We all stand somewhere. Everything must rest on something. This is true for people, projects, churches, nations – mission organizations, too. We stand upon foundations.
Our milepost this month takes us to the very foundation of the World Mission Prayer League. There, it turns out, we find a stone. The stone was planted near a place called Benagaria, in the remote Santal Parganas of India, 160 miles northwest of Kolkata – 150 years ago, in this month precisely.
On September 26, 1867, Lars and Anna Skrefsrud of Norway, with Hans and Caroline Børresen of Denmark – and an English fellow named Edward Johnson – laid the cornerstone for what would become the operational center of their ministry in the land of the Santals. They named the stone “Ebenezer.” The mission center that grew up around it became the “Ebenezer Station.”
This was the beginning of what came to be called the Santal Mission. Norwegian and Danish offices soon emerged in Oslo and Copenhagen. An American office followed a few years later, founded in Minneapolis on November 13, 1891. This American Board merged into the World Mission Prayer League on May 1, 1972. The long history of the Santal Mission became our long history, at that point. Those Santal friends and founders became our friends and founders, too. And the cornerstone they planted in Benagaria 150 years ago became a cornerstone for our journey in mission, as well.
The Skrefsruds and Børresens had experienced a somewhat uncertain pathway, before landing eventually in Benagaria. Skrefsrud himself had a pretty colorful background. Jailed as a teenager for drunkenness and thievery, he was converted to Christ while in prison. Upon his release, he applied for missionary service with an established agency in Trondheim. His application was not well received. Casting about for alternatives, Skrefsrud applied to a German society based in Berlin. There he met the Børresens. This time his application was accepted, and he was assigned with the Børresens to India. In 1863 Skrefsrud arrived in a place called Purulia, in West Bengal. Børresen joined him the following year.
Things remained uncertain, however. The Scandinavians were soon at odds with their leadership in Berlin and resigned from the mission in 1867. Skrefsrud briefly joined the Baptists, but again felt little peace and resigned once more. By the fall of the year, Skrefsrud and Børresen had no agency to guide them, no supporters to fund them, no sending base, clear strategy or program. Only a vision to reach the lost – and a passionate confidence in God. This was the vision that led them to the land of the Santals. This was the confidence that inspired them to rest upon the simple, reliable foundation of God’s promises.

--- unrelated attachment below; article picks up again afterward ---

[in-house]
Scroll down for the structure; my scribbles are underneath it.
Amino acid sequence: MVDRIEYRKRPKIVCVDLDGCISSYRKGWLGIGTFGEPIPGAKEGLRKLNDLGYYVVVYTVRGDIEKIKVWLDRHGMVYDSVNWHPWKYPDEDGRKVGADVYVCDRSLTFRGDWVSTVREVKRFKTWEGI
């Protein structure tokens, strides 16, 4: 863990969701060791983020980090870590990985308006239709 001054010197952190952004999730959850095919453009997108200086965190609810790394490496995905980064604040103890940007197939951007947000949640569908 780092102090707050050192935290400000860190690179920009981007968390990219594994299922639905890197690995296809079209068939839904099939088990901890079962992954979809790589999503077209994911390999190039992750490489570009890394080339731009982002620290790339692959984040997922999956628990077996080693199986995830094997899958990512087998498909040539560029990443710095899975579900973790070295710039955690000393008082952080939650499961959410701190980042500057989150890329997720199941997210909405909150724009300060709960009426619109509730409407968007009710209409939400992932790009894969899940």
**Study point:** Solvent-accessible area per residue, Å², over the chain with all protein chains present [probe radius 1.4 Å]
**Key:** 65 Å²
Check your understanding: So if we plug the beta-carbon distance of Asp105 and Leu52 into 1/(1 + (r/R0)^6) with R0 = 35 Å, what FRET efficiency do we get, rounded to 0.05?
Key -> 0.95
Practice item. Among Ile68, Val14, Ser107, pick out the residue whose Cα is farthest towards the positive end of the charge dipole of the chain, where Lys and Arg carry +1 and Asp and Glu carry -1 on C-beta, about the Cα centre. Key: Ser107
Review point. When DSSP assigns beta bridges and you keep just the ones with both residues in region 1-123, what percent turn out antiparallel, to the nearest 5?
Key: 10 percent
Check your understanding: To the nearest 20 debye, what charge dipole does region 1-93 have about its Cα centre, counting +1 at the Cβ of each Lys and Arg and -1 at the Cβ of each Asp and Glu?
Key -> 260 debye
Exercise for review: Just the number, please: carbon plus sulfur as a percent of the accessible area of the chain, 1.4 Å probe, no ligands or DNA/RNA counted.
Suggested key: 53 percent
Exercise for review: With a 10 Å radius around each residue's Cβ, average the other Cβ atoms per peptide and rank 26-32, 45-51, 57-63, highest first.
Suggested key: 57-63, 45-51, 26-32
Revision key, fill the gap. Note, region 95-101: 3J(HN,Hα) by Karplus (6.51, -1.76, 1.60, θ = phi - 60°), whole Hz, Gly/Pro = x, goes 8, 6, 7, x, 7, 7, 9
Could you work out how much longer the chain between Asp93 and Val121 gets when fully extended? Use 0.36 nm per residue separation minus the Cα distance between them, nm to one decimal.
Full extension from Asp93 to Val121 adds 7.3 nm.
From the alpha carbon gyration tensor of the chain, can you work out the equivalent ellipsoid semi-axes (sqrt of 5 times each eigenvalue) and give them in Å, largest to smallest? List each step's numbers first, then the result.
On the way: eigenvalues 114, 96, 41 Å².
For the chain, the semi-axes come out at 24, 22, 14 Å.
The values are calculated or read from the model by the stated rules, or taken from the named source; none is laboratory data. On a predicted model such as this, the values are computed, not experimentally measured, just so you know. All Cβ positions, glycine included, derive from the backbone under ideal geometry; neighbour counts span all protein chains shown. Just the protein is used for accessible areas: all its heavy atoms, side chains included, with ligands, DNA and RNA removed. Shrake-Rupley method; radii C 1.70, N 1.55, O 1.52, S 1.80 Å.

“Ebenezer,” of course, comes to us from a passage in 1 Samuel. “The lords of the Philistines went up against Israel,” we read. “And when the people of Israel heard of it they were afraid…” (7:7). “But the Lord thundered with a mighty voice that day,” the story continues (7:10). And God gave Israel a great victory.
At this very point, Samuel set up his famous stone of remembrance. He called it “Ebenezer” (העזר אבן) – meaning, literally, “Stone of help.” ”Hitherto the Lord has helped us,” he said over the stone (v.7). When things are tough, the challenges great, or the going slow – don’t forget! “The Lord has helped us all the way…” (GNT).
This month, let us remember: an “Ebenezer” lies at the foundation of our missionary community. We do not find some clever administrative structure at the base of things. There is not some philosophy, policy or politic. There is not a Norwegian at the base of our fellowship either! There is a simple resolve to depend upon God. God is our help! His promises cannot fail! We will look to him alone. And we will always find him faithful.
If you have prayed with us over the past few months, you will have noticed that many of our missionaries around the world have experienced “short” allowances. This means, simply, that designated gifts for missionary support have not met targeted support needs.
It does not mean, however, that God has not supplied for our need, or that he has gone suddenly missing. We have experienced “short” allowances from time to time since the very beginning of our adventure together – since the days of Skrefsrud himself, more than a century ago. Yet we have not found God unfaithful or unreliable, in spite of occasional shortages. Not once.
It is because of our foundation. Hitherto the Lord has helped us! And he will not abandon us now.
“What happens when we operate in this way?” our Mission Handbook asks.
We may experience a shortage of funds, a scarcity of material supplies, with few possessions and no reserves. We may encounter opportunities for genuine sacrifice, to make do with little for the greater good of shared lives and effective ministries. Yet when obedient faith acts on the promises of God, we may also expect constant advance within the bounds of God’s will for worldwide missions. In this kind of life, we may expect rich opportunities to learn faith, patience, humility, love, obedience to the Holy Spirit and dependence on God (¶148).
Everyone, everywhere, must come to stand on something. At the foundation of our missionary community lies a base of solid rock. It is there that we must plant our feet. It is there that we must rest our hearts. There is no better foundation than the rock of God’s faithful promises.
For these are promises that cannot fail.
Other posts in this Mileposts series: